Elastin is known to play a significant role in promoting the recovery of vocal fold viscoelasticity. Thus, viscoelasticity can indirectly influence the vibration of the vocal folds. However, there were few changes in elastin, which was also examined in previous studies. In the current study, we found that the ability of dADSCs to secrete ECM proteins in the early period after implantation was stronger than that of the ADSCs and VFFs, particularly in terms of elastin secretion. The fluorescence intensity of elastin peaked at 15 days and was maintained at a high level for 3 months after dADSCs implantation. The use of the dADSCs may be more effective for the recovery of vocal fold vibration, which facilitates the functional recovery of the vocal folds. We believe that this function of dADSCs may be related to the characteristics they share with the resident VFFs. Moreover, the ability of mesenchymal stem cells to secrete ECM proteins which was inherited by the dADSCs, may contribute to the recovery of vocal fold vibration. However, further experiments are required to verify this function, e.g., quantitative detection of ECM protein secretion. Moreover, the measurement of viscoelastic properties and laryngeal high-speed photography are needed to evaluate vocal fold vibration in further studies.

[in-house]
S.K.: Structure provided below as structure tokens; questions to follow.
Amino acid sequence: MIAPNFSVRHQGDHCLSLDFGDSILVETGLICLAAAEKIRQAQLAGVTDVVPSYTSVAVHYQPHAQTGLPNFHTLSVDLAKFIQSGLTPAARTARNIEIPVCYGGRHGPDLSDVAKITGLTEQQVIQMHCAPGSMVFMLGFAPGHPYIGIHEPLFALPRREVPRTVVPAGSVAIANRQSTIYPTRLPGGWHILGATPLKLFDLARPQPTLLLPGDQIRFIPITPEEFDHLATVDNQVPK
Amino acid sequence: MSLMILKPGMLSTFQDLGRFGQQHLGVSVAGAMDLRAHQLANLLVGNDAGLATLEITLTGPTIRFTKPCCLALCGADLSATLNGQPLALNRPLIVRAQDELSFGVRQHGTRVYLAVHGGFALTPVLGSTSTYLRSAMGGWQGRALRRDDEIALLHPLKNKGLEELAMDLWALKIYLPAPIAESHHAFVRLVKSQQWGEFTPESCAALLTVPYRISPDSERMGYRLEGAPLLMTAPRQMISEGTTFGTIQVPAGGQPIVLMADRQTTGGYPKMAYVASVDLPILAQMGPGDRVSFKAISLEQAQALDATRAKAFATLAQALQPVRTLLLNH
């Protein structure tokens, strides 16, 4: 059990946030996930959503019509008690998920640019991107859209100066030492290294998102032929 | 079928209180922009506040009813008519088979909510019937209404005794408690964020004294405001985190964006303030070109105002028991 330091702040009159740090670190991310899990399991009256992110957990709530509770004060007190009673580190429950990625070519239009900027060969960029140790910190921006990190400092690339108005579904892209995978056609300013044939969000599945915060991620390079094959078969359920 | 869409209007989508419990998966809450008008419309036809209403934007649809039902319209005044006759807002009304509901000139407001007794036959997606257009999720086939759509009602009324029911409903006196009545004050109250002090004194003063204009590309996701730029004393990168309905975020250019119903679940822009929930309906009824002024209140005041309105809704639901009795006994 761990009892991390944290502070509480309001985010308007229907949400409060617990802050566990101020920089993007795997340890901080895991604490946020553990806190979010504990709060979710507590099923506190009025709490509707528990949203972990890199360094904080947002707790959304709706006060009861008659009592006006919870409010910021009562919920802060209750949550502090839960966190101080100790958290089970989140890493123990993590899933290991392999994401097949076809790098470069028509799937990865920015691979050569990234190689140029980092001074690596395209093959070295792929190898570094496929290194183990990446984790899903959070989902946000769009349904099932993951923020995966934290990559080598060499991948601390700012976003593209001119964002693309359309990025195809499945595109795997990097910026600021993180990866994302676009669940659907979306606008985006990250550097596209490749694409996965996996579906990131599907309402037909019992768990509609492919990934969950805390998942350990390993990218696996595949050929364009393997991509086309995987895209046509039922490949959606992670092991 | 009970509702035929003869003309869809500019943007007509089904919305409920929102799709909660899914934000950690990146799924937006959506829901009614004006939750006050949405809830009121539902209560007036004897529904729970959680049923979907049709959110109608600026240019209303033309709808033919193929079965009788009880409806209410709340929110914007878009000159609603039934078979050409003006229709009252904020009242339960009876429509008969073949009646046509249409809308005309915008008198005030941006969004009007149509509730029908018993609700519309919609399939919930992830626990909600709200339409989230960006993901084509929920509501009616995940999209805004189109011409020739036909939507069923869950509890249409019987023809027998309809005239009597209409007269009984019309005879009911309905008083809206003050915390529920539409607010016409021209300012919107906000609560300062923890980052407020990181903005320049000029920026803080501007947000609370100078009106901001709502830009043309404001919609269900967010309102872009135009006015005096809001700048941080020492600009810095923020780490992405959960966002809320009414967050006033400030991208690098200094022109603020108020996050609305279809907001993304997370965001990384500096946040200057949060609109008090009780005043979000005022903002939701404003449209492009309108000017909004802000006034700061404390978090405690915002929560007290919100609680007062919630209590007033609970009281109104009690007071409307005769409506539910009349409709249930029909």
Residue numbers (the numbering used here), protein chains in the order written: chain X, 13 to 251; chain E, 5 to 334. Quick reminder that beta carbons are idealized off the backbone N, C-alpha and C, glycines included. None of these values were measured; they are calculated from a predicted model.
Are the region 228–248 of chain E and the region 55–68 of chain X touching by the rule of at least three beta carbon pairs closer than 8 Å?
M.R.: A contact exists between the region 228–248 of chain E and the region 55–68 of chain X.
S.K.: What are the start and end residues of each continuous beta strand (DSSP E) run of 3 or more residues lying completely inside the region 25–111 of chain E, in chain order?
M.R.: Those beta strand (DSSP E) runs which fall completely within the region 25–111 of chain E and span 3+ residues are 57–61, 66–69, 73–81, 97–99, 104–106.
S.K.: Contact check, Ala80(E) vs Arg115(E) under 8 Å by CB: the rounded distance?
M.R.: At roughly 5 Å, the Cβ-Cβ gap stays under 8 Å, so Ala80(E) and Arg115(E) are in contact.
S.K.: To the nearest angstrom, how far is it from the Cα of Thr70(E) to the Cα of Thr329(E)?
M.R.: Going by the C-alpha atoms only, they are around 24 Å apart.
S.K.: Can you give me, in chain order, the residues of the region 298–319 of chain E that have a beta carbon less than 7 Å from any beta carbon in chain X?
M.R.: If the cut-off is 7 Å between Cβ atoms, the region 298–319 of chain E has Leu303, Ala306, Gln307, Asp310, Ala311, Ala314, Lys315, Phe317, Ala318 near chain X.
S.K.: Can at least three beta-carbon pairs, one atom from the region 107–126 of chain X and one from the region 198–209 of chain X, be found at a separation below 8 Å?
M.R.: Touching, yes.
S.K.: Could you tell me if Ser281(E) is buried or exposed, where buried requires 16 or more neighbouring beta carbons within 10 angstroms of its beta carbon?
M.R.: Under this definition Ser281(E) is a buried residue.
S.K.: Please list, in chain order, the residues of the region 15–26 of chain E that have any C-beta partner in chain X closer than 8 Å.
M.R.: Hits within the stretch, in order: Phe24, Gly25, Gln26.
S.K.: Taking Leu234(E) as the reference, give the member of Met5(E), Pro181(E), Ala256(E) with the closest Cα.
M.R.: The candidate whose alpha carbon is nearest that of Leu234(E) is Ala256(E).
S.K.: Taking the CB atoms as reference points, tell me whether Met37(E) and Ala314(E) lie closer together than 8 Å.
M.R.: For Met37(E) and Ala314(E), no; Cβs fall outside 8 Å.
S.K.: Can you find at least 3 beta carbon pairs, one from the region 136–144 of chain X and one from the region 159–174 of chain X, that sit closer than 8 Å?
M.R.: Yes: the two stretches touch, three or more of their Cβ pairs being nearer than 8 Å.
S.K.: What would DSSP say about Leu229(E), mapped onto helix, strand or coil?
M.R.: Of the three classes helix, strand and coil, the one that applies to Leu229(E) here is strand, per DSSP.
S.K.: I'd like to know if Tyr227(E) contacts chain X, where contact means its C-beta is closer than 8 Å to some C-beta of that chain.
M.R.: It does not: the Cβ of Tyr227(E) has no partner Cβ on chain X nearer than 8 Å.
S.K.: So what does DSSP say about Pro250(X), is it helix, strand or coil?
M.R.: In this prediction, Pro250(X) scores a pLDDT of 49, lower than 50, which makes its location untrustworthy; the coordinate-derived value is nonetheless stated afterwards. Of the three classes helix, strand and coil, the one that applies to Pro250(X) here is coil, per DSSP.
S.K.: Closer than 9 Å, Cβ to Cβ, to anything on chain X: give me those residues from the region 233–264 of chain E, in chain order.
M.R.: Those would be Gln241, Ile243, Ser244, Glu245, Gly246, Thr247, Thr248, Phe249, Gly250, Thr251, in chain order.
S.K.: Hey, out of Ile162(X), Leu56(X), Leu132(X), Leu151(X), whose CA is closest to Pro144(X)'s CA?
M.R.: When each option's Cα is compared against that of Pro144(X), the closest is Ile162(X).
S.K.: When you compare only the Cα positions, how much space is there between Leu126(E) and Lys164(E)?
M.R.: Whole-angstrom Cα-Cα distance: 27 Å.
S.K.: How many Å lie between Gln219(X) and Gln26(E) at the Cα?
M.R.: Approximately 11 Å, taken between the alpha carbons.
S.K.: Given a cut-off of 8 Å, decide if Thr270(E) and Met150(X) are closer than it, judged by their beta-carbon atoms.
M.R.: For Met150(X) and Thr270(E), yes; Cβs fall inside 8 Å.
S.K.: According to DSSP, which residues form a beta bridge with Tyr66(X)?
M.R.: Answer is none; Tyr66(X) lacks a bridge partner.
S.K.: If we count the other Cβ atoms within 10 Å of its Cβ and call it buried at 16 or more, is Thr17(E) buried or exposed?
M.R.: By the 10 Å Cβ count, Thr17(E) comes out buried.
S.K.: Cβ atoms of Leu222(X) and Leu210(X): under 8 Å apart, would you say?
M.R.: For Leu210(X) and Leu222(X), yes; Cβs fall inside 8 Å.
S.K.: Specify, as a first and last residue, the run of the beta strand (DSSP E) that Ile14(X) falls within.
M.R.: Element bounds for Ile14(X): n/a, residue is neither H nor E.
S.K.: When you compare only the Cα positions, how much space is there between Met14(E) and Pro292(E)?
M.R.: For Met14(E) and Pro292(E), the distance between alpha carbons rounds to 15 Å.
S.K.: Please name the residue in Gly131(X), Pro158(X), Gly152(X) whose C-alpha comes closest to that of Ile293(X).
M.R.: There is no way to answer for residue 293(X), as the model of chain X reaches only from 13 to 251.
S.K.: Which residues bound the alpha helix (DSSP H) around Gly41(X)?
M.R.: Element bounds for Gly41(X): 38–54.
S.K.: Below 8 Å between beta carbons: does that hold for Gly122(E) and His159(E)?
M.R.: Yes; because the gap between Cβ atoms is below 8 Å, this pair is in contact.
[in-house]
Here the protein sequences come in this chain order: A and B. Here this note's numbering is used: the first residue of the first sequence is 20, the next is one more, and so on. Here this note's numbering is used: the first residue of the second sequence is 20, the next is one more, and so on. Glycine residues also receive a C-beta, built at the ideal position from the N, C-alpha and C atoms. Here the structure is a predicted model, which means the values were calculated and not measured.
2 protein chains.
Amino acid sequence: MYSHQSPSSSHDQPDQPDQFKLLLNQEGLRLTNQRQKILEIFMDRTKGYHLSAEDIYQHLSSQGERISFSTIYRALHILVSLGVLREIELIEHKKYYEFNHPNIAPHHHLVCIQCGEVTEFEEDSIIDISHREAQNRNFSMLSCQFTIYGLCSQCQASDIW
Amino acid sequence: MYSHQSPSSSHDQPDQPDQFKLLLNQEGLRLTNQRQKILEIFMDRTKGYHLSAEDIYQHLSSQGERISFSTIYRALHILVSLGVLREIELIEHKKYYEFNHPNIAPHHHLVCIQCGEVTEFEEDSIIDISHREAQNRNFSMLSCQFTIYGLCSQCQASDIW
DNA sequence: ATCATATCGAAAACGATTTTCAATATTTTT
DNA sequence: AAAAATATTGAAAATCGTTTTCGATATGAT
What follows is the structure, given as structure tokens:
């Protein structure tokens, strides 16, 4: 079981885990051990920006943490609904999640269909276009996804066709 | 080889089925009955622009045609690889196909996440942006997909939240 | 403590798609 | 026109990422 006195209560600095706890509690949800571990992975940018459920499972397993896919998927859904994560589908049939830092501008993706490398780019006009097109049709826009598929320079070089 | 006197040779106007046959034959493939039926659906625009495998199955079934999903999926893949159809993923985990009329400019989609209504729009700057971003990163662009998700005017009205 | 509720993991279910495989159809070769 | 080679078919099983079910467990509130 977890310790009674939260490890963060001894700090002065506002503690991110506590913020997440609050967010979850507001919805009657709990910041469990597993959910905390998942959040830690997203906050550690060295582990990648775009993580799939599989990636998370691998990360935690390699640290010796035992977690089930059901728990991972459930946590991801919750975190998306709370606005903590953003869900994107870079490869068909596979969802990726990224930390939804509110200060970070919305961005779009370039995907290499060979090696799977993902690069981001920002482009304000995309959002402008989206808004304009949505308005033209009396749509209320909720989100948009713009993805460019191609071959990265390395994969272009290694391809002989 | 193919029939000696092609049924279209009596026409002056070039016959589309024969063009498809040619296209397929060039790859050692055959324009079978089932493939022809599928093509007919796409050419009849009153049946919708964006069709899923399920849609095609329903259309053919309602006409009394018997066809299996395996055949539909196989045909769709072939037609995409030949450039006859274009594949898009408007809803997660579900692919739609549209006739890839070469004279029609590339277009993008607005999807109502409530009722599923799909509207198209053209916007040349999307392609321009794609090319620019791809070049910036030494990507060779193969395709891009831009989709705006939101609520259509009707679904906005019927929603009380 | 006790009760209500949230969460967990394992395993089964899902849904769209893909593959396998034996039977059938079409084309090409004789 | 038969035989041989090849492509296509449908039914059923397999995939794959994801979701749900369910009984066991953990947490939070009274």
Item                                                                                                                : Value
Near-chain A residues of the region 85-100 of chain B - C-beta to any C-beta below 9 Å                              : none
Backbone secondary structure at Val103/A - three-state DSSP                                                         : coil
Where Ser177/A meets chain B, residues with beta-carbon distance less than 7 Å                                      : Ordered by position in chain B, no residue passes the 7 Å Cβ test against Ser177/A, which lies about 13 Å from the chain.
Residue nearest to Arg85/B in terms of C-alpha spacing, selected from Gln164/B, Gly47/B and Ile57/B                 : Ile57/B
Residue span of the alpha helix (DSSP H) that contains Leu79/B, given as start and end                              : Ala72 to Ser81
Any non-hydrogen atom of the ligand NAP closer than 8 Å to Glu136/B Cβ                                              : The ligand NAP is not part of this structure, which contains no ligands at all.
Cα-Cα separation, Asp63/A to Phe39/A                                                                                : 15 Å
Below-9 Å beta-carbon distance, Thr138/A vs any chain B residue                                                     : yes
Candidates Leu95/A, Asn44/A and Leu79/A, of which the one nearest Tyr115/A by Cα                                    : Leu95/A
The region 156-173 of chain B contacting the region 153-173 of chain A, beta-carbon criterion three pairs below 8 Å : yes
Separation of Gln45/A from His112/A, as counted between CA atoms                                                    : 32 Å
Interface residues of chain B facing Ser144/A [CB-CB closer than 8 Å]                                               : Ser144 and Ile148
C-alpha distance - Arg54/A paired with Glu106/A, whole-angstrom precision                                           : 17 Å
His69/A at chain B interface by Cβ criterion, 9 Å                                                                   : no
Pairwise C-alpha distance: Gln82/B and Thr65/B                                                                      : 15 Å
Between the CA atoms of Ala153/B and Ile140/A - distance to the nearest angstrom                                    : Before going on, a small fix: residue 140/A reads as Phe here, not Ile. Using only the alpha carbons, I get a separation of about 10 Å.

Fibronectin effectively promoted wound healing during the early stages. As tissue repair continued, fibronectin promoted wound contraction, which is a critical step in wound healing. Thibeault  previously reported that fibronectin increases after cell-scaffold implantation. In our study, fibronectin secretion was similar in the three implantation groups. Fibronectin increased in the early period after the implantation and then decreased to a normal level, which was beneficial for maintaining the normal structure of the cells and healing the wound.